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Brief History of the Knights of the Hart, Part 1 - Origin and Founding
Posted on Sat, May 25, 2002 by Dogadmin
Kirt writes "Part One in this series explores the geopolitical threats facing the Marklands for the first century of their independence (CY 256 - 356).

The early history of the Knights of the Hart as a secret cadre of informants to the King of Furyondy is detailed.

Author: Kirt


A Brief History of the Knights of the Hart

by Kirt. Used with Permission. Do not repost without obtaining prior permission from the author.

Prologue

Around CY 250, Stinvri, Viceroy of the Ferrond, declared his independence and wrested control of the Marklands from the Great Kingdom. In CY 256 he passed control of the region to his son, crowned as King Thrommel I (1). At the time, the survival of the independent state seemed unlikely. Removed from the Aerdian Empire by fiat, the local lords vied for power and fought over resources and borders. The Raoin Church and her allied nobles pressed for the independence of the Voll. The easternmost lands (the Lands of the Shield) were largely controlled by the remnants of Aerdian Army Commanders and military veterans who had been granted small fiefs as pensions. Their loyalty to the new state was uncertain, and they could easily have rejoined the Great Kingdom. More than a century of nomad raids had reduced the northern lands (or Northern Reaches) to a ragtag collection of petty holdings run by warlords. They considered the change in government as merely the replacement of one distant figurehead for another, with little effect on their daily struggle for existence. The Viceroyalty had laid claim to the entire Vesve, but in truth the Aerdi had never mapped its full extent. The Lord of the Elves had acknowledged the suzerainty of the Viceroy, but had paid little tribute.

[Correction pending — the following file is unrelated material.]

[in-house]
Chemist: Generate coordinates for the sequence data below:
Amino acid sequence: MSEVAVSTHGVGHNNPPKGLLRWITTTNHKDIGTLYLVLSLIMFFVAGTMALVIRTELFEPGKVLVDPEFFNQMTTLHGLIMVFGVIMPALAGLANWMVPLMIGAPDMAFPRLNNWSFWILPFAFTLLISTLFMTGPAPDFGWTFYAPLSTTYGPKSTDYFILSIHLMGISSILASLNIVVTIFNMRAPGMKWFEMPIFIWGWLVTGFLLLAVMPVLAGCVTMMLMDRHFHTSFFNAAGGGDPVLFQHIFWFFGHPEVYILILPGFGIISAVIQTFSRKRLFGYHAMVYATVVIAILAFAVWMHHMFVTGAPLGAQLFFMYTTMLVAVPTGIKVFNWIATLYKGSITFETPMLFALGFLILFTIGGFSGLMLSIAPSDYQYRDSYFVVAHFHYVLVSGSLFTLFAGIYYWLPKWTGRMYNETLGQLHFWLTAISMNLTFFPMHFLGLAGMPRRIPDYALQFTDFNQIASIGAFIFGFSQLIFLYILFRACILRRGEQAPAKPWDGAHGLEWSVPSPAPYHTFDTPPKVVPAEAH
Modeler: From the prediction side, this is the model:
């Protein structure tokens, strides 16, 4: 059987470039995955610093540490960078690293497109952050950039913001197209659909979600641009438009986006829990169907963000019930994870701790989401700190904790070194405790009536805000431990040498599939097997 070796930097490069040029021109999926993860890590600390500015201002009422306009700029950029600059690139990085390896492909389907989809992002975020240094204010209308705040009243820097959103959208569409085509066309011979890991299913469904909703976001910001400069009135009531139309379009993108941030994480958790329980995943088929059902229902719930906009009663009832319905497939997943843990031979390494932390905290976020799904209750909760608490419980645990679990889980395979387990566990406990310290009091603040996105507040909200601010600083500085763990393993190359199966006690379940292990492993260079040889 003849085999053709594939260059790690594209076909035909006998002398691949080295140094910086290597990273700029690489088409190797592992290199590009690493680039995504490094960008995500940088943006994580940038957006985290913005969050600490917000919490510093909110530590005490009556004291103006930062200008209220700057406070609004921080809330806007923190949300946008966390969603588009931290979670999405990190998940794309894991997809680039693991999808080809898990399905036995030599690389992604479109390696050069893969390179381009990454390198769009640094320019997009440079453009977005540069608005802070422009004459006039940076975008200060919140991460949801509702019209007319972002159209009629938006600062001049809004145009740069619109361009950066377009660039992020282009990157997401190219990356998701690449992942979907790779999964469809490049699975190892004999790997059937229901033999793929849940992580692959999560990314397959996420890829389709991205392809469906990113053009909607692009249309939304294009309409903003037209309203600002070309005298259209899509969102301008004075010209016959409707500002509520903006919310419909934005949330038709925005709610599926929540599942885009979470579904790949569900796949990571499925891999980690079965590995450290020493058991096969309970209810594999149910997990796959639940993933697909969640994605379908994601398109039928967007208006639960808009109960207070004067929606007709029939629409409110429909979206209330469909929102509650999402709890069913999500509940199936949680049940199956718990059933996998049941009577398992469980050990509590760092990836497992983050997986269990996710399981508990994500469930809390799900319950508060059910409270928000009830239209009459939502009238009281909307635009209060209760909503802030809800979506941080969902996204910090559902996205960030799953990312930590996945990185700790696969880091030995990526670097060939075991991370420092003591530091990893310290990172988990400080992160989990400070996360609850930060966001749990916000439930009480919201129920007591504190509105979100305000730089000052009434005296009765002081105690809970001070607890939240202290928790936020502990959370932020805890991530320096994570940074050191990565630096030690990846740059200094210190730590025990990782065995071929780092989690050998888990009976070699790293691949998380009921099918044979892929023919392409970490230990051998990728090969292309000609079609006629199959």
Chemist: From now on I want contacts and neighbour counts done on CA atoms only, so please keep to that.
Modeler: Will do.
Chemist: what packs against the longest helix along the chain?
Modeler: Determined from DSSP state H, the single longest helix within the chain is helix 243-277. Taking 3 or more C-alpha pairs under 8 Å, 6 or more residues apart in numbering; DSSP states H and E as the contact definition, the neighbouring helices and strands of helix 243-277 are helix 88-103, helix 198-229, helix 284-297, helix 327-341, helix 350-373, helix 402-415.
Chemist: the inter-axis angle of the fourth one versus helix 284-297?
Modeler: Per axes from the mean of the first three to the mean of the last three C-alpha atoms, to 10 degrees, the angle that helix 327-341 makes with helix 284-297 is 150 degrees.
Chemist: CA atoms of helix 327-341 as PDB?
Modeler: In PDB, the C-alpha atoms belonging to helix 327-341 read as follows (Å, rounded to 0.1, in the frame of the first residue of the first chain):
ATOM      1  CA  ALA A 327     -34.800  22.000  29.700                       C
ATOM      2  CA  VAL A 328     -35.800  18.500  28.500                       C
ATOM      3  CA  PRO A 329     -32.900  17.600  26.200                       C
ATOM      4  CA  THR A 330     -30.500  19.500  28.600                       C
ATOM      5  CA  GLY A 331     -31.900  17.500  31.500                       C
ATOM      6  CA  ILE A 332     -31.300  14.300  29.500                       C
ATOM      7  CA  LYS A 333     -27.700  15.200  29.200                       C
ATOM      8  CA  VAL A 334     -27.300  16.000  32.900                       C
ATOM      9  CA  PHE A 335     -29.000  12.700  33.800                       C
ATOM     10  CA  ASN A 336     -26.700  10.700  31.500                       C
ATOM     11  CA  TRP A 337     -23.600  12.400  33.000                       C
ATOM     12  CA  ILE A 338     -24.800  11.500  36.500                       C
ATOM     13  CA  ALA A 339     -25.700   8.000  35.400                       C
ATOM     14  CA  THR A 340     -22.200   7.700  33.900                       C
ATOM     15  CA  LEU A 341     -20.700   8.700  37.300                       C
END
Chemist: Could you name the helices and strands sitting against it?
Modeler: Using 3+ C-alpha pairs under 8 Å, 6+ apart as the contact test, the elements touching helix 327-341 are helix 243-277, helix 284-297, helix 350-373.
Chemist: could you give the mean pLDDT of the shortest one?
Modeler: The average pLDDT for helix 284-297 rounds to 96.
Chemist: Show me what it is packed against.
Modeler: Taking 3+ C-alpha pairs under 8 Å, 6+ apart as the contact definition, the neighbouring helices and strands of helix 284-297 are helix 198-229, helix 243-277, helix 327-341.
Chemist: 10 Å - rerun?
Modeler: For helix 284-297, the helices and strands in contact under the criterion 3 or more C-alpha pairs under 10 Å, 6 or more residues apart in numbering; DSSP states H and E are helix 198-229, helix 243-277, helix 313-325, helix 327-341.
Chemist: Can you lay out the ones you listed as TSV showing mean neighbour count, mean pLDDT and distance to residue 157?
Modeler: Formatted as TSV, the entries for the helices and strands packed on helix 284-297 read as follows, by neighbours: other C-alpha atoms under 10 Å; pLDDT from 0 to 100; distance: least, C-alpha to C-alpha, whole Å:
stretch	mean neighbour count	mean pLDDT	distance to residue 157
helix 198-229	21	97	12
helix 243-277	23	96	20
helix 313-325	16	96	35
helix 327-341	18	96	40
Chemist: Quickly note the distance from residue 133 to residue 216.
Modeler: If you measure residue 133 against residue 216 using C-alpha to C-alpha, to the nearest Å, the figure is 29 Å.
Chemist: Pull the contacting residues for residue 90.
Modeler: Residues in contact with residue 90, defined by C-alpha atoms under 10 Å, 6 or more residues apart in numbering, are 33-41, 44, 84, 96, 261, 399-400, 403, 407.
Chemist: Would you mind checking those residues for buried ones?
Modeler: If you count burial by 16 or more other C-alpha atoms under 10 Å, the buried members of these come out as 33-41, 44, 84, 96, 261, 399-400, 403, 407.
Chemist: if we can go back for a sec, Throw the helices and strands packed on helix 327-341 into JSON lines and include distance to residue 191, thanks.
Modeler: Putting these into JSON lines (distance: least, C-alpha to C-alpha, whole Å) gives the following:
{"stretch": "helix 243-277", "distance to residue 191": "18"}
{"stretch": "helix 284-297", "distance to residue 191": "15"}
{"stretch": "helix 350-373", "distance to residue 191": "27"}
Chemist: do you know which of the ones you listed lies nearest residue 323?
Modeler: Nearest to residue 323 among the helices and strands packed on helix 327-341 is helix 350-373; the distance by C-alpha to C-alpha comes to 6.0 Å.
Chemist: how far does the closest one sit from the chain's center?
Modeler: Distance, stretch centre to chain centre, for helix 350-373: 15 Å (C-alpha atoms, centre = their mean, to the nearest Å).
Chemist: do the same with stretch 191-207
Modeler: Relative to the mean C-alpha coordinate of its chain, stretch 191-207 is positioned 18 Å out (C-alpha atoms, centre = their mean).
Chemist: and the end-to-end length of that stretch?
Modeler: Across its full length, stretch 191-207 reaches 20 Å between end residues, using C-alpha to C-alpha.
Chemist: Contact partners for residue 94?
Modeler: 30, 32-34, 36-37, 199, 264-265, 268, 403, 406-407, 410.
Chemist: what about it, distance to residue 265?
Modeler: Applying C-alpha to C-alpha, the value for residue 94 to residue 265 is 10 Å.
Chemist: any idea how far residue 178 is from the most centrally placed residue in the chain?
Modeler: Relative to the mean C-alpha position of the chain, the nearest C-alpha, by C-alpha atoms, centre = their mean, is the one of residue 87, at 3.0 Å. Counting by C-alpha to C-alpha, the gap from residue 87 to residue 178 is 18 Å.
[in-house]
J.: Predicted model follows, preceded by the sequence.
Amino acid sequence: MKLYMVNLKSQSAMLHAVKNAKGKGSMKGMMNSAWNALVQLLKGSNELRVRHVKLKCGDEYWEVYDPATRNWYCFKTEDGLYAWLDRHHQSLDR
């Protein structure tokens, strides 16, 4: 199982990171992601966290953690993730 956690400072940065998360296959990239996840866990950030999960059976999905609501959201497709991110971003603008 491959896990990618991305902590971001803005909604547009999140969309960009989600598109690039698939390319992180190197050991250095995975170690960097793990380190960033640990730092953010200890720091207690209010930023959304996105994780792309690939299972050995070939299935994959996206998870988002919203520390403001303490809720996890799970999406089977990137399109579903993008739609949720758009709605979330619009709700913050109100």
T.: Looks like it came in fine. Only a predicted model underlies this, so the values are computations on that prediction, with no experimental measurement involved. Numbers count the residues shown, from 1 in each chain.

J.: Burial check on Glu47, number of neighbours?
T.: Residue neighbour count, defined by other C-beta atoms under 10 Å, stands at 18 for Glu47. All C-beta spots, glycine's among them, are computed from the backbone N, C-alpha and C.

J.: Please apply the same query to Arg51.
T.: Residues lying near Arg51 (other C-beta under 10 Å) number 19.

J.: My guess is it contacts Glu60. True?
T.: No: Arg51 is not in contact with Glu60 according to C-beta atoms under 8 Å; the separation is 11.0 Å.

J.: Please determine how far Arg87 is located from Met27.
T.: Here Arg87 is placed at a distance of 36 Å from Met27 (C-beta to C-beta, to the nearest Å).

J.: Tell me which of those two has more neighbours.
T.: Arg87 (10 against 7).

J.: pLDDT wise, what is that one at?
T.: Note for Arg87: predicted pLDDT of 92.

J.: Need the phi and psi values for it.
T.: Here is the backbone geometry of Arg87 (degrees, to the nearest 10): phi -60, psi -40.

King Thrommel was practical enough to know that he had to free the outer dependencies to leave himself the core of a viable kingdom. In truth he was no imperialist, and actually believed in freedom and self-determination for each of these disparate peoples. But Thrommel was also wise enough to realize that if they were granted their freedom too quickly, the dependencies would fall. Unless they had strong and cohesive governments themselves, they would easily be overcome by nomad, Baklunish, or humanoid invasions, or else reabsorbed into the seething Aerdy Empire. Thrommel spent his reign resolving local disputes and consolidating regional governments, preparing them for the transition to independence.

The elves were the first to be granted their liberty. Those elven nobles who knew Thrommel personally still honor his name. The Voll was next. The King officially legitimized the authority of the Archcleric of Rao, and then defined Veluna as the land of all the nobles who would pledge fealty to the Holy Father. The Viscounty of Verbobonc, where the newer faith of St. Cuthbert was in ascendancy, refused to subjugate itself to the dictates of the Archcleric. Instead it petitioned for independence in its own right. The petition was granted several years later after the Viscount successfully repelled an incursion of humanoids from the Gnarley Forest while skillfully balancing human and demi-human concerns.